Jane Jones was overwhelmed when she first visited the 6 North Apartments building in the Central West End.
Built in 2004, it’s the nation’s first building constructed entirely under the universal design concept, which incorporates features that allow people with disabilities to live in the space. It can be defined as "the design of products and environments to be usable by all people, to the greatest extent possible, without the need for adaptation or specialized design."
Jones, who is blind, moved there in 2012. She couldn’t imagine living anywhere else.
“I would be miserable,” Jones said. “I wouldn’t have the freedom the independence that I have,” she said.
The 6 North building, at 4055 Laclede Ave., was developed by McCormack Baron Salazar on the urging of Colleen Starkloff, co-founder of the Starkloff Disability Institute which advocates for disability rights. Starkloff recently asked St. Louis Public Radio’s Curious Louis: “Would developers be open to incorporating Universal Design features in new living units? UD is different than Fair Housing requirements.”
To answer the question, we looked at the story of 6 North and how Starkloff engaged developers who initially were skeptical of the project.
Starkloff wants to see more builders incorporate universal design in their plans. Those elements often include color-blocking carpet to help those with limited vision, rocker light switches, adjustable-height countertops, elevated kitchen appliances and curbless showers.
Other elements are lever handles, wide doors and halls for wheelchair users, sliding doors and tilt windows.
Starkloff has first-hand experience with the need for such features. To accommodate her late husband, Max Starkloff, who had quadriplegia and used a wheel chair, their home has universal design characteristics. Last year, when she broke her leg in a horse-riding accident, she returned home in a wheelchair instead of heading to an assisted-care facility. She attributes her return to the design of her home.
“I was able to go home, and most people get stuck in nursing homes and some of them never go home,” Starkloff said. “And I think it’s a reality we need to be thinking about. None of us are impervious to any kind of injury or accident or difference.”
Many builders don’t incorporate universal design approaches into their regular projects for a number of reasons. Jack Hambene, who was the developer for 6 North, said he and his colleagues at McCormack Baron Salazar initially had to be convinced to pursue a universal design-focused building. At first, they didn’t know much about the concept, a lack of knowledge still common among developers.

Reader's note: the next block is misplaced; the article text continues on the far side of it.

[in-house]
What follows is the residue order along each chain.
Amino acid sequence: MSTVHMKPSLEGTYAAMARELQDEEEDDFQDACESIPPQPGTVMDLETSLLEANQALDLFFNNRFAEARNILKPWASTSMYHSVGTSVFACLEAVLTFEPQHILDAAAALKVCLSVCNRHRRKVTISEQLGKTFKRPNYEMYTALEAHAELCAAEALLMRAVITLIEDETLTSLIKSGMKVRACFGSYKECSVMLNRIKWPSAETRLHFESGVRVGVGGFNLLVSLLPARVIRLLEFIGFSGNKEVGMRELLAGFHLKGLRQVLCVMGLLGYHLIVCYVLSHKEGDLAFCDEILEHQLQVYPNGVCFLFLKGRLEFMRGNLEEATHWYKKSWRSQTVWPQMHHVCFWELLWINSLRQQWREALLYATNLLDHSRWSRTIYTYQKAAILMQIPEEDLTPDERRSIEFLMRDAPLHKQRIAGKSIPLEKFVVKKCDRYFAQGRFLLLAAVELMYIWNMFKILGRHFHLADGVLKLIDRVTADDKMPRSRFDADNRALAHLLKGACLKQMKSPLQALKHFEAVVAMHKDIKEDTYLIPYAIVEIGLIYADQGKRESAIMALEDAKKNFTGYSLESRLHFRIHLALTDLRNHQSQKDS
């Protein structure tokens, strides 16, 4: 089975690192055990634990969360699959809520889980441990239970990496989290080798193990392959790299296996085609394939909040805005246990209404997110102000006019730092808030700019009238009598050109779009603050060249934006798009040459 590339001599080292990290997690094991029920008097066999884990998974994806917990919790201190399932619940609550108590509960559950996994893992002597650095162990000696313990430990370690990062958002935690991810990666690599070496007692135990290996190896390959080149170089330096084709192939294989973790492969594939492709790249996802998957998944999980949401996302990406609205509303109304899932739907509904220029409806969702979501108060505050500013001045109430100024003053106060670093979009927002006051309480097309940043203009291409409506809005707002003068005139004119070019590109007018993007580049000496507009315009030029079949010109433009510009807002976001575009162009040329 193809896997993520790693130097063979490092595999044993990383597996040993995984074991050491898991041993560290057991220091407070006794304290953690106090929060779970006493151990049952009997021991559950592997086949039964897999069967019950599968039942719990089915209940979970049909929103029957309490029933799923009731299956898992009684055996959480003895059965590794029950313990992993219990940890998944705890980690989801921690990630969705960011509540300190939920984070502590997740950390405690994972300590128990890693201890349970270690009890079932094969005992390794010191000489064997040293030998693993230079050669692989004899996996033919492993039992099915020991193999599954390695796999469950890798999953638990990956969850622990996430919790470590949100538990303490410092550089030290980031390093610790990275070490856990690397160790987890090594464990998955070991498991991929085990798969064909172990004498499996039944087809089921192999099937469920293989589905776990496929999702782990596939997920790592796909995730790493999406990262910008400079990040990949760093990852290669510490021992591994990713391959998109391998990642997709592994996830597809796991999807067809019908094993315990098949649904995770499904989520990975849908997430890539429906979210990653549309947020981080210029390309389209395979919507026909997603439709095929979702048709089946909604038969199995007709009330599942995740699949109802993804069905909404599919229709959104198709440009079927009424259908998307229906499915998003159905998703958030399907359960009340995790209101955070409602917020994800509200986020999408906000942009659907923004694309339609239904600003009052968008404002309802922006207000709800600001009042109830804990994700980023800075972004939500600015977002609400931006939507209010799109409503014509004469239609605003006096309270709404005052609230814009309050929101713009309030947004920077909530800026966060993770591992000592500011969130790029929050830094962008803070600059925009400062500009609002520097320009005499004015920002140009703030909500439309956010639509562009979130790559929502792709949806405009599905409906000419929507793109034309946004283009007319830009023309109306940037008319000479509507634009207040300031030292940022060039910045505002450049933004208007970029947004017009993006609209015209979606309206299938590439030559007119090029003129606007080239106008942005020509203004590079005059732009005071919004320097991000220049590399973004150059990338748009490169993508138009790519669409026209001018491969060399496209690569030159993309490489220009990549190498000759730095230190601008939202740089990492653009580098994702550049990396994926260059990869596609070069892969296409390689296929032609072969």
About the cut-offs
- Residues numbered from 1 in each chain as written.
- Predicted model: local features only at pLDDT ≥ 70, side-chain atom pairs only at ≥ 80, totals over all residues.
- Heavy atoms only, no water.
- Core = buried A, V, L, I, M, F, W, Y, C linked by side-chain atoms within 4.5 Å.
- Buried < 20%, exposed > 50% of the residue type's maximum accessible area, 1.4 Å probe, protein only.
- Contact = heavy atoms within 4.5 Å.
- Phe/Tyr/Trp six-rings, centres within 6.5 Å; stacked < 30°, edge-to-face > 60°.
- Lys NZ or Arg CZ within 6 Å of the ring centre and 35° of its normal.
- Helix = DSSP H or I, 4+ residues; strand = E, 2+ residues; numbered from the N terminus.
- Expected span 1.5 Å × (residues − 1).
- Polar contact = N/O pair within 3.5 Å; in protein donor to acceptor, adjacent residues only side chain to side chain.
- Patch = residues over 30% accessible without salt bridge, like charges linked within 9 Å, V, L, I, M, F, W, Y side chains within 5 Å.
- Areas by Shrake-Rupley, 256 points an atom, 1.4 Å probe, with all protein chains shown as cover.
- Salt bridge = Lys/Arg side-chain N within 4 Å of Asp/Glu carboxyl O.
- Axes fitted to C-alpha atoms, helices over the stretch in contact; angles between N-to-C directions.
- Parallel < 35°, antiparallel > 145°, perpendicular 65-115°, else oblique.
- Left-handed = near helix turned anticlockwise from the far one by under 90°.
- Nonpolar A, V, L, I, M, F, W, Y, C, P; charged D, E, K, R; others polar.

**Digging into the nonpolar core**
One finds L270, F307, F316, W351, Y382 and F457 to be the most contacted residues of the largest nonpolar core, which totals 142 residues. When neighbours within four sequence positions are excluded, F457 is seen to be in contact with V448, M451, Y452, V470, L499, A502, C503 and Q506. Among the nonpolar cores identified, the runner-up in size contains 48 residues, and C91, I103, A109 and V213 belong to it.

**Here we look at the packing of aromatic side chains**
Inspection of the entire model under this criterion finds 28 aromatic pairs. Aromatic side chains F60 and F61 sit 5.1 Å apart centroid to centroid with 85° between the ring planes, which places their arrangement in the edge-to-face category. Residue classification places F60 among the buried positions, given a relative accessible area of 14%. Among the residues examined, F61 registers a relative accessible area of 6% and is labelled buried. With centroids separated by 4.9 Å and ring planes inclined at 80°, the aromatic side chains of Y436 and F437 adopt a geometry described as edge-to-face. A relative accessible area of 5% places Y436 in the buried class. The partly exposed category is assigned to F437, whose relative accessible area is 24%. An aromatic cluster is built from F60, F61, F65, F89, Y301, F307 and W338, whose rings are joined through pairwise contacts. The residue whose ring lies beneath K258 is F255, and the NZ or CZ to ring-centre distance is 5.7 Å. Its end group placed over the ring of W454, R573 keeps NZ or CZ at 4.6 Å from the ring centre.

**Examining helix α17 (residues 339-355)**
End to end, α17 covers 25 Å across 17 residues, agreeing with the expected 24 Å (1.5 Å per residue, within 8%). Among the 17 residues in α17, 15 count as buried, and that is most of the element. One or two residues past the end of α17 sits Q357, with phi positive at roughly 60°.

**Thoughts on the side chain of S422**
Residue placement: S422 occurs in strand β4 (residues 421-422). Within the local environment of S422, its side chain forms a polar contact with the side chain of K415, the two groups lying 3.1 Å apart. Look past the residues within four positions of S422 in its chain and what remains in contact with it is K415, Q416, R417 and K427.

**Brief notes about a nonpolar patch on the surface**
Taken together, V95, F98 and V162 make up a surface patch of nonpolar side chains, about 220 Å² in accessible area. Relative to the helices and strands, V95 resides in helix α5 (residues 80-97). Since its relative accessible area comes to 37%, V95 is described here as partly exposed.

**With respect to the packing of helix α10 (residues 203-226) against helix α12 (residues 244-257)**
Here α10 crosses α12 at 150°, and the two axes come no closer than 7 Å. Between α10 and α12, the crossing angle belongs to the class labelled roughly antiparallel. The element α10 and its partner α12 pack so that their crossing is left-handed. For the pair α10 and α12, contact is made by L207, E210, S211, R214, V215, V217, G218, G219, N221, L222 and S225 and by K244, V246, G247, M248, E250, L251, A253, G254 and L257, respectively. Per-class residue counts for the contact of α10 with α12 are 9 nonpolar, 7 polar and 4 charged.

After learning about the concept, the firm had a few hurdles to conquer — the same ones that continue to keep many designers from committing to universal design tenants.
One problem is the stigma surrounding universal design features, given that the concept often is associated a need to comply with the federal Americans With Disabilities Act of 1990. It requires new construction projects to incorporate features that allow people of various abilities to live there.
Another is that many people don’t want apartments that make them appear differently abled. Other potential buyers may consider the features unnecessary. That makes it hard for builders to rent units built with universal design in mind. As a result, builders sometimes place such units in less compelling locations in their buildings.
“They tend to be in the worst locations and they’re the last units rented so you give them away or you have to discount the rents because people who aren’t disabled don’t want to live in them,” Hambene said.
Developers also can find universal design construction costs prohibitive. Hambene said each unit cost about $6000 more to create than a typical unit.
But in the case of 6 North, eventually Starkloff convinced developers to go ahead with the project. They thought it would appeal to the regions aging population including baby boomers [link].
“We realized the demographics was all in favor: the aging population of the United States, the number of 10s of millions of people who at any point in time their life have a disability,” Hambene said. “It’s a huge market that’s underserved.”
Since its completion, 6 North has been almost entirely occupied, Hambene said.
Many of the residents, like Jones, appreciate the building’s features.
Ellie Cooper, 75, moved into the building a handful of years ago, downsizing from a three story house. She appreciates the bathroom’s curbless shower, handheld nozzle, and bench — all factors of universal design.
“I just think it makes me feel more normal, that I’m not an old lady who can’t do anything,” said Cooper, a retired high school teacher. “I wish a lot more contractors would think outside the box and think universal design. “
Peggy Morse, 80, a retired Mary Kay sales director who lives in 6 North, doesn’t need the design elements. But she greatly appreciates them.
“It’s wonderful because I’m in good health and don’t need to be in assisted living or anything like that,” Morse said. “But as I’m aging I feel like you know this is going to be perfect for me because everything I anticipate I may need, everything is already here.”
Follow Willis on Twitter: @WillisRArnold